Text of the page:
Voltage-induced ferromagnetism in a diamagnet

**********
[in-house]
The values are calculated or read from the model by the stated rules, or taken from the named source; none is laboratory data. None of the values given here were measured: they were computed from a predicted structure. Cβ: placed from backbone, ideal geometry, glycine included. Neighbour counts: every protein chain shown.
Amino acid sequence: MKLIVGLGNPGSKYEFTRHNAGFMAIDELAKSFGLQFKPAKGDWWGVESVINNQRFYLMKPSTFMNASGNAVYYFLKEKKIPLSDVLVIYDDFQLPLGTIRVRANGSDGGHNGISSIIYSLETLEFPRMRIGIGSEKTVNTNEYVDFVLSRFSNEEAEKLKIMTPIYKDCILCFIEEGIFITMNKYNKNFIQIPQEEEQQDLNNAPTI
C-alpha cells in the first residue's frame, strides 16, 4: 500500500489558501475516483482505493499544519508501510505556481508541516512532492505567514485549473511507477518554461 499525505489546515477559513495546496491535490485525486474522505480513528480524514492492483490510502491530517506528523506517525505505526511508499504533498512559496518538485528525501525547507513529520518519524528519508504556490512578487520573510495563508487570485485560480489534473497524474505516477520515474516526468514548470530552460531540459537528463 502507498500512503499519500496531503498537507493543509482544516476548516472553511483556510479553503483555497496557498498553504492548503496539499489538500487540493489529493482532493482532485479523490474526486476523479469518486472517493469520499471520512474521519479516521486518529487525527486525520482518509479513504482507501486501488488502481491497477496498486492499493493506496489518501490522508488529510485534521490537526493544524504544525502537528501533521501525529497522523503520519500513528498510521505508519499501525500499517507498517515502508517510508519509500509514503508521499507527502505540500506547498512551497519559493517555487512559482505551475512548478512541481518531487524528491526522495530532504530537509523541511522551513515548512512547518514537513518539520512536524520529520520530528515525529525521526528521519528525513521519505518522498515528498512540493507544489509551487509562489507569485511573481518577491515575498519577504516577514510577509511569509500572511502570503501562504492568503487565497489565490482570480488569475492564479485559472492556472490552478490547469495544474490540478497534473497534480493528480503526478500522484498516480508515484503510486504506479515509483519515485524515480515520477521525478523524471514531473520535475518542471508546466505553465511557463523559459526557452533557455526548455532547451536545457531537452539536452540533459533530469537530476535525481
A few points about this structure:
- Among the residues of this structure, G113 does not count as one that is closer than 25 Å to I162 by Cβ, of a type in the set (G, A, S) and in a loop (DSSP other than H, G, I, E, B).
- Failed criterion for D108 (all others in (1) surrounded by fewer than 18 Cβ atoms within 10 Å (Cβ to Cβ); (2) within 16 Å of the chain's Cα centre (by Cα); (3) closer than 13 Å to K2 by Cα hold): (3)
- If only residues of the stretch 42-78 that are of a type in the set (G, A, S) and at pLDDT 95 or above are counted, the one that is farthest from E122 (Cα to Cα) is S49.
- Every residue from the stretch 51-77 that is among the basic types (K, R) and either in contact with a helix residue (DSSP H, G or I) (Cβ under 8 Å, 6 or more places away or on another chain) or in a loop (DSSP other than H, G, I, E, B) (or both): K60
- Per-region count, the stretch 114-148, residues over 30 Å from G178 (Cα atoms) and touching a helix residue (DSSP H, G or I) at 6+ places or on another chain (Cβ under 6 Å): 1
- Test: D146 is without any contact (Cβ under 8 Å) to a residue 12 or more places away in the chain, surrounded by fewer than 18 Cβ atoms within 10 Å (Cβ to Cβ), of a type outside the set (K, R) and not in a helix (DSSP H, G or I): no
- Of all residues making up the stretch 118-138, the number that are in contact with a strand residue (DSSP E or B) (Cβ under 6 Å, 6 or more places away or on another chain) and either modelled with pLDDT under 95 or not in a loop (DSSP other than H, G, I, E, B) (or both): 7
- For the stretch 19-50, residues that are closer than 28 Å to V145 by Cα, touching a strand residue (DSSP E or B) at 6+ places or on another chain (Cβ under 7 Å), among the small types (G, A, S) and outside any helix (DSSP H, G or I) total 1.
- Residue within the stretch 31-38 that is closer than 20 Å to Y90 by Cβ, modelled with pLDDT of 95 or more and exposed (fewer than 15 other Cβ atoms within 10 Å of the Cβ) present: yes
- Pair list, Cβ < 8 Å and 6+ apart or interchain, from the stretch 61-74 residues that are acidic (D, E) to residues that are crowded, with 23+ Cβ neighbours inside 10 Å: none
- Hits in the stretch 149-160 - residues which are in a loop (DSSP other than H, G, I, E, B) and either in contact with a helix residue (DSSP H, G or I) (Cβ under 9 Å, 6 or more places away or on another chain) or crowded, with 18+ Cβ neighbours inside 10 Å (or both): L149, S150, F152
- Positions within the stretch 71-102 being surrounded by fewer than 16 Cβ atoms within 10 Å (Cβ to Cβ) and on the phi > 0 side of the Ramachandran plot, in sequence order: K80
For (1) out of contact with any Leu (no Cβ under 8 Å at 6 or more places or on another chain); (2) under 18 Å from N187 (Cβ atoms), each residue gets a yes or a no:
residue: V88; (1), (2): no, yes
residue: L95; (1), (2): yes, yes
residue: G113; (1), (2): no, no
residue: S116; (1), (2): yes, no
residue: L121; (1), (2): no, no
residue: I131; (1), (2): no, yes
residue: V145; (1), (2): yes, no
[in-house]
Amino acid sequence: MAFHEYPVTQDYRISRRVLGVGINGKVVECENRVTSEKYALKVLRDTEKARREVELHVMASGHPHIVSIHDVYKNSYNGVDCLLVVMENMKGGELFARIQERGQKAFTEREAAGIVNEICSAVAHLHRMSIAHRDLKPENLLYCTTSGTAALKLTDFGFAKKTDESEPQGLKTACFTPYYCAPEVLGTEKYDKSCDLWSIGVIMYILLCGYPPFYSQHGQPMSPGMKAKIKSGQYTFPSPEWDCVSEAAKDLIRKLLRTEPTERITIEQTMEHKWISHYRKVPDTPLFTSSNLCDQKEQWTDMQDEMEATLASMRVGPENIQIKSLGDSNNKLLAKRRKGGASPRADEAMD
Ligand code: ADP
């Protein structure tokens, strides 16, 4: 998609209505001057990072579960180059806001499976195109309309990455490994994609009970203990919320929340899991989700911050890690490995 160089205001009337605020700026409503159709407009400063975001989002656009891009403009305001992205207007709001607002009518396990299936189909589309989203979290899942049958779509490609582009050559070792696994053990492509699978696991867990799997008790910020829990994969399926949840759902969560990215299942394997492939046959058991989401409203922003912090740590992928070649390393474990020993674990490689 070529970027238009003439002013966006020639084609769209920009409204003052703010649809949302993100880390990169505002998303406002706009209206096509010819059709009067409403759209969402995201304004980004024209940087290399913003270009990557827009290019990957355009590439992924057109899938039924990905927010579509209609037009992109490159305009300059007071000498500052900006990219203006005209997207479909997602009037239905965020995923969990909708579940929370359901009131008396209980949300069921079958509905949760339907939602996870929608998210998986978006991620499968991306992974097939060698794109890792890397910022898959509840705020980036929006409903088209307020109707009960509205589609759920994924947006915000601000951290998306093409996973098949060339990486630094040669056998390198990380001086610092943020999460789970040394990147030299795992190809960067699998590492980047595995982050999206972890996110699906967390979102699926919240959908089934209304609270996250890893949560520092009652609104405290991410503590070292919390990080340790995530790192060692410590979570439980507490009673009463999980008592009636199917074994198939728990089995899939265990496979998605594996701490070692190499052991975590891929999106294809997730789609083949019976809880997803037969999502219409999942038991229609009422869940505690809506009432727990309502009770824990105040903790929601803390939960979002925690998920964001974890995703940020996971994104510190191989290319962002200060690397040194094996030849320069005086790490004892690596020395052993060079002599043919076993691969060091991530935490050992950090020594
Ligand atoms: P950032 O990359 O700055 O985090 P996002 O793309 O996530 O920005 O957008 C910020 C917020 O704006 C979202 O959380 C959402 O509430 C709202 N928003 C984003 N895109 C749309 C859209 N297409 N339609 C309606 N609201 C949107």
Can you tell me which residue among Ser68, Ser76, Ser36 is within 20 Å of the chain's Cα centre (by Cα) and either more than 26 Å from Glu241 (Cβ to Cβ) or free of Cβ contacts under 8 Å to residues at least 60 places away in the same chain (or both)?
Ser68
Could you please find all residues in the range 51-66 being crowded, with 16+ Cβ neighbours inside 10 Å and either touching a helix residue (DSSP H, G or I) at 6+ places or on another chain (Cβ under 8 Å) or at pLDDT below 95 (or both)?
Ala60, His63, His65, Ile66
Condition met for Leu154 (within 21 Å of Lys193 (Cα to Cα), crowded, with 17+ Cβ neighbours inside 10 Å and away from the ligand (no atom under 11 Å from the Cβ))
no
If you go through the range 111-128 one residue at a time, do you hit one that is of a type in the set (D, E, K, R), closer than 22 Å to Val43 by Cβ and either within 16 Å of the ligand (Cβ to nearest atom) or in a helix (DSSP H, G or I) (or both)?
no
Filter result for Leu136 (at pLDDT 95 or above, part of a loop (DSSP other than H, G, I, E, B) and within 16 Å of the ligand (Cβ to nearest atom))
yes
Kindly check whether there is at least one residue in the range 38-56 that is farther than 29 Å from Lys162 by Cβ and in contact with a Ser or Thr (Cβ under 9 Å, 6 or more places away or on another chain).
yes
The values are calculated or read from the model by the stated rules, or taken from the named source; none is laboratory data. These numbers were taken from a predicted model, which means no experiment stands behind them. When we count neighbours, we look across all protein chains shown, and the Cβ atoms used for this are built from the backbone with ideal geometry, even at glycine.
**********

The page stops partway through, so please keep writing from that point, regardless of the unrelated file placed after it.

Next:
Increasingly impressive demonstrations of voltage-controlled magnetism have been achieved recently, highlighting potential for low-power data processing and storage. Magnetoionic approaches appear particularly promising, electrolytes and ionic conductors being capable of on/off control of ferromagnetism and tuning of magnetic anisotropy. A clear limitation, however, is that these devices either electrically tune a known ferromagnet or electrically induce ferromagnetism from another magnetic state, e.g., antiferromagnetic. Here, we demonstrate that ferromagnetism can be voltage-induced even from a diamagnetic (zero-spin) state suggesting that useful magnetic phases could be electrically induced in "nonmagnetic"materials. We use ionic liquid-gated diamagnetic FeS2 as a model system, showing that as little as 1 V induces a reversible insulator-metal transition by electrostatic surface inversion. Anomalous Hall measurements then reveal electrically tunable surface ferromagnetism at up to 25 K. Density functional theory-based modeling explains this in terms of Stoner ferromagnetism induced via filling of a narrow eg band.